More uniform reimbursements for skilled nursing facilities and inpatient rehabilitation facilities could be implemented soon, policy analysts recently told the Medicare Payment Advisory Commission. The Centers for Medicare & Medicaid Services tested the concept in 2006, after developing a patient assessment tool that could be used in both settings.
The Medicare Payment Advisory Commission devoted a chapter of its June 2013 Congressional report to outpatient therapy recommendations, sparking concern.
Resident care would suffer and providers would shoulder a larger burden if Congress acts on the latest recommendations from the Medicare Payment Advisory Commission, advocates for the long-term care sector say.
Medicare rates for physician visits to nursing homes should be frozen for 10 years as the government replaces the Sustainable Growth Rate system, a Medicare Payment Advisory Commission official advised the Senate Finance Committee.
The government should consider Medicare payment cuts for hospice services provided in skilled nursing facilities, according to Medicare Payment Advisory Commission (MedPAC) commissioners. A reduction of 3% to 5% is reasonable, MedPAC says, based on a formula that assumes "equal provision of aide visits" in home and facility settings, and accounts for the labor costs of these two types of care.
Skilled nursing facilities that have fewer rehospitalizations are likely to retain their licensed nurses at a higher rate than other SNFs, according to a study in the April issue of Gerontology.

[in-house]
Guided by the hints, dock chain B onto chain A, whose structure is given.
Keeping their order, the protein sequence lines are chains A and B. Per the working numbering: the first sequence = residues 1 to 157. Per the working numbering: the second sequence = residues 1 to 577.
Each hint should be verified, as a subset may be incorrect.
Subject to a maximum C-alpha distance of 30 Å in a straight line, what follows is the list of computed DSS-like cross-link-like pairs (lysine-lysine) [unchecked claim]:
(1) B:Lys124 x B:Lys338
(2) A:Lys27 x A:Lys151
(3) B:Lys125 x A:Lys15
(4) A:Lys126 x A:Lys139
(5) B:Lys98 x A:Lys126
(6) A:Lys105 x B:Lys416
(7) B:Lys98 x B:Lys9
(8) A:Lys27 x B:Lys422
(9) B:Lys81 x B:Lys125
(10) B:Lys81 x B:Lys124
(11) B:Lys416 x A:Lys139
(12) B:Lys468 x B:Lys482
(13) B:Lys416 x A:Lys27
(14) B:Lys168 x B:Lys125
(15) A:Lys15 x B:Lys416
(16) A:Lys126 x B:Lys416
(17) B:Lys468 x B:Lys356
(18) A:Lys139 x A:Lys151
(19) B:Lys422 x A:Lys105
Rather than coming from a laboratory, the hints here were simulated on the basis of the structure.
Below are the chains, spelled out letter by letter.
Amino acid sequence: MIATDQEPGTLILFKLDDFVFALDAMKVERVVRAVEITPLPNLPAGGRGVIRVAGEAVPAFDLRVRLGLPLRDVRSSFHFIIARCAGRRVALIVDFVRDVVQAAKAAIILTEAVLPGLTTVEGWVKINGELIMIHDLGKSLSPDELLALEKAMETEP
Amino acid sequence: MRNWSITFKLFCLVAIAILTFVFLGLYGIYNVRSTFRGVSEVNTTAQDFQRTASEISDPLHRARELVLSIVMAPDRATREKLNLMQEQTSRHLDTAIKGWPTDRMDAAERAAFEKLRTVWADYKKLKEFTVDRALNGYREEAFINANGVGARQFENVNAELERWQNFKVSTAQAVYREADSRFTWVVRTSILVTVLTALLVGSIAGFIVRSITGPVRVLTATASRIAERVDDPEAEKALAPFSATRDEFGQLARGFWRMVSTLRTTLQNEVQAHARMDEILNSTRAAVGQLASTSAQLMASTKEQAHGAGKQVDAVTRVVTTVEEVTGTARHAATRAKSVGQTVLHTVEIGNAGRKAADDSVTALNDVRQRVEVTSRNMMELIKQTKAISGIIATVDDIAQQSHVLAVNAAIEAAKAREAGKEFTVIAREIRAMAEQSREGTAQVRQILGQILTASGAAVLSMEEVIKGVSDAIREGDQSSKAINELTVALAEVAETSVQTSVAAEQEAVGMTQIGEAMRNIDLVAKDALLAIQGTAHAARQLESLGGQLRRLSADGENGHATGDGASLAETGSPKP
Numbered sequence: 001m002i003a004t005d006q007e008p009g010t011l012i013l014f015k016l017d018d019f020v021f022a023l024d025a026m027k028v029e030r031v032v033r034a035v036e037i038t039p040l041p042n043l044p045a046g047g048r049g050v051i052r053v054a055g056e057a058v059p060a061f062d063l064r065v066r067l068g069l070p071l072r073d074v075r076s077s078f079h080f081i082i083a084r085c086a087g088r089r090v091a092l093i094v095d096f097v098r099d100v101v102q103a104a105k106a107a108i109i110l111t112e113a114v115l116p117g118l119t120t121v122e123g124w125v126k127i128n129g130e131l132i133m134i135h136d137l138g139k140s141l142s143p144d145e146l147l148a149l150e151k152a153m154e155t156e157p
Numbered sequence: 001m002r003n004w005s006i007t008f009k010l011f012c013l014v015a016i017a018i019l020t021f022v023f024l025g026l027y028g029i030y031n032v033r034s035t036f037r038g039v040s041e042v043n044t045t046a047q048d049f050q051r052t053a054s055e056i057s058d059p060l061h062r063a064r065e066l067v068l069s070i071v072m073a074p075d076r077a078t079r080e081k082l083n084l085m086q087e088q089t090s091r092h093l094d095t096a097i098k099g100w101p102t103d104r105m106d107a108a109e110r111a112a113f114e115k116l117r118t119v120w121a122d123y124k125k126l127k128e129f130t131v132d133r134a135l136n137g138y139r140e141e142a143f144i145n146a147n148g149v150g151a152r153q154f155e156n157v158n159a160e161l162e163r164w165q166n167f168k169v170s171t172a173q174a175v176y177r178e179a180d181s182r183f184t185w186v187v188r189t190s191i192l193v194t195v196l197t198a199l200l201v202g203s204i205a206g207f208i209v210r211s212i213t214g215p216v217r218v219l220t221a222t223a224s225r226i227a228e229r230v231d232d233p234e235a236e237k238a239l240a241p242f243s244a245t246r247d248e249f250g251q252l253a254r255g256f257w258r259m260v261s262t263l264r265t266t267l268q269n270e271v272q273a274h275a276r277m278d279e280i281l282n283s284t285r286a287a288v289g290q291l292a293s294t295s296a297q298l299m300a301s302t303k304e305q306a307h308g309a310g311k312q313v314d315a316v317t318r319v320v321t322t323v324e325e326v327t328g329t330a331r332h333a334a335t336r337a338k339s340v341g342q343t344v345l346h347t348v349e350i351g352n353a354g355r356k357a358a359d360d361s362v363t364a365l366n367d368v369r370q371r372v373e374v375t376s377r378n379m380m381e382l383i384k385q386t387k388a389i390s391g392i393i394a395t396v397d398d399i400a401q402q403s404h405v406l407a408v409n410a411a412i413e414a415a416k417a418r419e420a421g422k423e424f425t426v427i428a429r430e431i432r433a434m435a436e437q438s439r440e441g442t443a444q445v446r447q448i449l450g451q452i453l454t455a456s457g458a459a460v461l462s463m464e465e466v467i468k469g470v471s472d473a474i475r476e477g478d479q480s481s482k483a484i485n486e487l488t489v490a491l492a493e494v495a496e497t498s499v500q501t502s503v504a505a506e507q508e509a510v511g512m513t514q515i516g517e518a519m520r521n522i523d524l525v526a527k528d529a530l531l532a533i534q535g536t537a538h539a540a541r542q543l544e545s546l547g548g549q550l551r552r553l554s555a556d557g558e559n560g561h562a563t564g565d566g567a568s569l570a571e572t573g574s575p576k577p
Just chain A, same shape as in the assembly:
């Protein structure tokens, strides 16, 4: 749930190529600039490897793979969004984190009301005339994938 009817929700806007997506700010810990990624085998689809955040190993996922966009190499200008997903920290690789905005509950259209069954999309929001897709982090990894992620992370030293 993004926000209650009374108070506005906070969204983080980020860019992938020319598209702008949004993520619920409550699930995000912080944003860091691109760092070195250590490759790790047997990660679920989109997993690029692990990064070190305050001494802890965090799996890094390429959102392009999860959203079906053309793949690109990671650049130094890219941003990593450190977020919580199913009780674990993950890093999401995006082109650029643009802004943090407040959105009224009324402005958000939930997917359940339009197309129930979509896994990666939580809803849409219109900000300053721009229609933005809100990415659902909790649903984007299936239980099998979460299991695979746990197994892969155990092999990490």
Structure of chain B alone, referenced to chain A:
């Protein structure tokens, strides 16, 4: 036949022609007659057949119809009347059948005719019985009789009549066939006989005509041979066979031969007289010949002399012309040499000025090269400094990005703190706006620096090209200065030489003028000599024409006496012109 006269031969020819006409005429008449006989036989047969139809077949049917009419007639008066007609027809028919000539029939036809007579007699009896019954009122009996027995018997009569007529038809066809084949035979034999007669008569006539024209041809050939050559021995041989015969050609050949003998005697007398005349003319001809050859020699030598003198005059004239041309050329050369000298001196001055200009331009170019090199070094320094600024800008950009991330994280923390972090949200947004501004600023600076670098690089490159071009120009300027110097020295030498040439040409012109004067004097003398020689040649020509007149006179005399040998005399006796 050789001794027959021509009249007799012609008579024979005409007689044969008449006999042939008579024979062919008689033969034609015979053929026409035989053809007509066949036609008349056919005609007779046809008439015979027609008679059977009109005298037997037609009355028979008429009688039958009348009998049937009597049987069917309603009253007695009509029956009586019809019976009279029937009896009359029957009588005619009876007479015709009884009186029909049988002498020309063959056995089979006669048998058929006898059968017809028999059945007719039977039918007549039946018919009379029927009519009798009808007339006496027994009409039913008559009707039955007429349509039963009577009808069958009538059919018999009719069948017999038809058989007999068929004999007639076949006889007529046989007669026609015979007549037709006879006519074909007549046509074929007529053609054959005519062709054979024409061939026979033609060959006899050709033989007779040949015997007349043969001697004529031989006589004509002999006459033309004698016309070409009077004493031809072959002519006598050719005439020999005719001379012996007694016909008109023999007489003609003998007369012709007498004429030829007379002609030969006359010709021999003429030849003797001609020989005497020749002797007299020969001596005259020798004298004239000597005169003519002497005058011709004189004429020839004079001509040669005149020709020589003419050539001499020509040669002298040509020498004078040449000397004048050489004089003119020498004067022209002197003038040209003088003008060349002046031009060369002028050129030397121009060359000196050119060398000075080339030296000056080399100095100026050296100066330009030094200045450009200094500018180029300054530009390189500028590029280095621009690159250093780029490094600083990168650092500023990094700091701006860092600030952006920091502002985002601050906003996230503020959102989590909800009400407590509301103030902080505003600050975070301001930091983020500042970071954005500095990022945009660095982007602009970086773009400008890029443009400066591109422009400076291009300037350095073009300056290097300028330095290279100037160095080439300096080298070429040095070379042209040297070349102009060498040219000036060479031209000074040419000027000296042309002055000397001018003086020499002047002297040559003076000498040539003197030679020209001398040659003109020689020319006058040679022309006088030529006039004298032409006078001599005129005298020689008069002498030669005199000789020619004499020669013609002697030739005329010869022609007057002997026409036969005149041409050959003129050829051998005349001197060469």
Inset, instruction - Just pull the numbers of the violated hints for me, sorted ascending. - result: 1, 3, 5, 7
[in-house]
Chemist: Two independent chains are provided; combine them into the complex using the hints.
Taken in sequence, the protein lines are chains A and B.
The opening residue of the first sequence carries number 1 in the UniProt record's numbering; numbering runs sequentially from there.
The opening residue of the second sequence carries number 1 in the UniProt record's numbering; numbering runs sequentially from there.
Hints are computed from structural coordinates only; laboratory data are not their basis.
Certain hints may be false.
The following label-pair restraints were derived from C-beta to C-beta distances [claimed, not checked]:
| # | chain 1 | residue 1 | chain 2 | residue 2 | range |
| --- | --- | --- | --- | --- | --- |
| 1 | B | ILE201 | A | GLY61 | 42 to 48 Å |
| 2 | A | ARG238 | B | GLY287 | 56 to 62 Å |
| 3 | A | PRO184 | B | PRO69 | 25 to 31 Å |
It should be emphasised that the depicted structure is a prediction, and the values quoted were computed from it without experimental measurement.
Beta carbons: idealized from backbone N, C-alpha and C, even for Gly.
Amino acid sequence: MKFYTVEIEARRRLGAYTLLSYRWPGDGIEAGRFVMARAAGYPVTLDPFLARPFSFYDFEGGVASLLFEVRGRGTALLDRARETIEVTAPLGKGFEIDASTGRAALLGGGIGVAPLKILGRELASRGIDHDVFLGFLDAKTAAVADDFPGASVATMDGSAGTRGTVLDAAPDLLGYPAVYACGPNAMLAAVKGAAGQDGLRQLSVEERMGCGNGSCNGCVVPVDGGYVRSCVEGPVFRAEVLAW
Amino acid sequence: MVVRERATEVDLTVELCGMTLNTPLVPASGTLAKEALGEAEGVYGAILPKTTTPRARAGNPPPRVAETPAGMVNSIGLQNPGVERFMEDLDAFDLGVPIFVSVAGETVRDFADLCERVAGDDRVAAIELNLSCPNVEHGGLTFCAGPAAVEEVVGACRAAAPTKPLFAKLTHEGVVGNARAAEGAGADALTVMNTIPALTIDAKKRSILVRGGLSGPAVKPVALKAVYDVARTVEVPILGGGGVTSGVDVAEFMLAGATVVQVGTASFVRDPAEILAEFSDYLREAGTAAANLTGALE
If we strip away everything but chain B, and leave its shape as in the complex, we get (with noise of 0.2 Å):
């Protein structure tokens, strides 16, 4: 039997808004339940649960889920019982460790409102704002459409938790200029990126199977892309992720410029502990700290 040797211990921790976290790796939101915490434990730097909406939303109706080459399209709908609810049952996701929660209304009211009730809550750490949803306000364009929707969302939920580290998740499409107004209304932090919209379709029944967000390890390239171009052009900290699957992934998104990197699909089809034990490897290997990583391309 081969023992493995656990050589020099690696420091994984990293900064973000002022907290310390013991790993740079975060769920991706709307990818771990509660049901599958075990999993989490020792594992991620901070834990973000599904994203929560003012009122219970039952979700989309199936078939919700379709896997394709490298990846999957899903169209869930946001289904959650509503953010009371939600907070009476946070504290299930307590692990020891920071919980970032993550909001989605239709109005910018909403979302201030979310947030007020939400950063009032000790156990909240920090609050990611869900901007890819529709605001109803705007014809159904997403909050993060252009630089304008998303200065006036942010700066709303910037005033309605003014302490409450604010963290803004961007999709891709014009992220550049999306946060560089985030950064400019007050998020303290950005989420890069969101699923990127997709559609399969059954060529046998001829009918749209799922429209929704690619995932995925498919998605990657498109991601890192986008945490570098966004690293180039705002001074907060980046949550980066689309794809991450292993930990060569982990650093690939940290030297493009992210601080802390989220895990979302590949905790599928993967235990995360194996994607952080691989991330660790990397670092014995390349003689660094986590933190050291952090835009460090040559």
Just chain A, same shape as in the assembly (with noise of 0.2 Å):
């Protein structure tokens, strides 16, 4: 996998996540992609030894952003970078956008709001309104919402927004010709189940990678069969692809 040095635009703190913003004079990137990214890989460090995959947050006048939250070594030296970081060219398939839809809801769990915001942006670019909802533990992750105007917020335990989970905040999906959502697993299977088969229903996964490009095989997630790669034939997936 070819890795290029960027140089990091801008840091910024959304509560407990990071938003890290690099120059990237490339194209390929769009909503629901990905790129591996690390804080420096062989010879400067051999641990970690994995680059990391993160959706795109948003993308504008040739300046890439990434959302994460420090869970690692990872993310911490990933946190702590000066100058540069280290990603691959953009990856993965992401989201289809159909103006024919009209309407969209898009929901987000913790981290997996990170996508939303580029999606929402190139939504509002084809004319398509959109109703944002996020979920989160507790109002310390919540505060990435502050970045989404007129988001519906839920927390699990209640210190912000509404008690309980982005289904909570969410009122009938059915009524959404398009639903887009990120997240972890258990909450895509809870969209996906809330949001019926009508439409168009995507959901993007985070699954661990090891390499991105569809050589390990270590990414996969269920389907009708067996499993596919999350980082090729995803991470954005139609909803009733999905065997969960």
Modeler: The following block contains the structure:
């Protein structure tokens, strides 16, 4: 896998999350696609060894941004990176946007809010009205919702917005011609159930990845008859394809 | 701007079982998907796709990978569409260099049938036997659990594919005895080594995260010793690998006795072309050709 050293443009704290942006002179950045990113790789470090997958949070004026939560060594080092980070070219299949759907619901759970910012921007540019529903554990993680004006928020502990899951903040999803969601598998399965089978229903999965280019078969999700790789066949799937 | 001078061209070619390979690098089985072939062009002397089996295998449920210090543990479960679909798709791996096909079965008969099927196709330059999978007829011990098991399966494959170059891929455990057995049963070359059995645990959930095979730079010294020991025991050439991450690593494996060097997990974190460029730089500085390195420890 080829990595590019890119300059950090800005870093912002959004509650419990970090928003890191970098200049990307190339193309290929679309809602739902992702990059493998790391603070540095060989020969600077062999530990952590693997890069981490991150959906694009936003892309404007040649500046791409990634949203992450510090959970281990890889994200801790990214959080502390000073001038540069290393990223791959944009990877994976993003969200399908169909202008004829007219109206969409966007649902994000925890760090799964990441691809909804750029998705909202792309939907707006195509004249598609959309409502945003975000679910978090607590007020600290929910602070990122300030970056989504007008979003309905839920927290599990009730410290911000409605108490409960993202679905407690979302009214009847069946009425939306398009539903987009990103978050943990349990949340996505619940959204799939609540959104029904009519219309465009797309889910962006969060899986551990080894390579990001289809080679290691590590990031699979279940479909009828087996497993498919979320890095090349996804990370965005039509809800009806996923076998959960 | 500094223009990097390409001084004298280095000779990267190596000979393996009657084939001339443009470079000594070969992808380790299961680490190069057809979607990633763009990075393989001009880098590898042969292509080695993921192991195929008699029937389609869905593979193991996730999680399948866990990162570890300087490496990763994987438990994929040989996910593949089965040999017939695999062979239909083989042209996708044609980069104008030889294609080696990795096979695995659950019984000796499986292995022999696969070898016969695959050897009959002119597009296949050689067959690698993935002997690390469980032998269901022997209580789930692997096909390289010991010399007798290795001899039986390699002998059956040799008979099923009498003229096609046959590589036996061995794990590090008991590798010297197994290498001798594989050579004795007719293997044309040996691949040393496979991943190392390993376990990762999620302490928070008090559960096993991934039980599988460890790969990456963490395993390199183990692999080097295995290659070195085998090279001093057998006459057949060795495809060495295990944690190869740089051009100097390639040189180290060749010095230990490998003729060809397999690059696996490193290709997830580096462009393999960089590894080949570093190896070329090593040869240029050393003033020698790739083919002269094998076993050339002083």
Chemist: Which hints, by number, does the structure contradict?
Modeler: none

Medicare payments to skilled nursing facilities should be cut 4% in 2014 and then steadily reduced in subsequent years, the Medicare Payment Advisory Commission said in a March 15 report to Congress. Rates should be decreased to achieve $10 billion in savings by 2018, the group said.
The Medicare payment rate for hospices should not increase in 2014, according to recommendations to Congress announced Monday by the Medicare Payment Advisory Commision (MedPAC).
The Medicare Advantage special needs plan that enrolls nursing home residents, set to expire at the end of 2014, will be permanently reauthorized if Congress acts on recommendations proposed by the Medicare Payment Advisory Commission (MedPAC).
Already contentious Medicare Outpatient Part B therapy caps would likely receive even more attention if the Medicare Payment Advisory Commission has its way. MedPAC recommended Thursday that Congress drop the annual allowable limits from $1,880 to $1,270.
One-quarter of hospital admissions among Medicare beneficiaries are preventable, with the leading cause for those readmissions is heart failure, a Medicare advisory board report noted.
Large demonstration programs meant to coordinate the care of dually eligible Medicare and Medicaid beneficiaries could limit access to care and require more thorough testing, critics said this week.
Program of All-Inclusive Care for the Elderly providers should be paid more generous Medicare Advantage rates, according to a payment panel. The Medicare Payment Advisory Commission also called for changes that would allow people younger than age 55 to participate in the program, which targets dual eligible seniors.
A Medicare advisory panel has expressed concern that automatic enrollment into managed care plans for dually eligible Medicare and Medicaid beneficiaries would harm their access to healthcare.
Last week, three reports issued by three separate government agencies made incongruent recommendations — or no recommendations at all — related to skilled nursing facility (SNF) patient care and policy. This spotlights precisely how federal policymaking is hampered by "siloed thinking."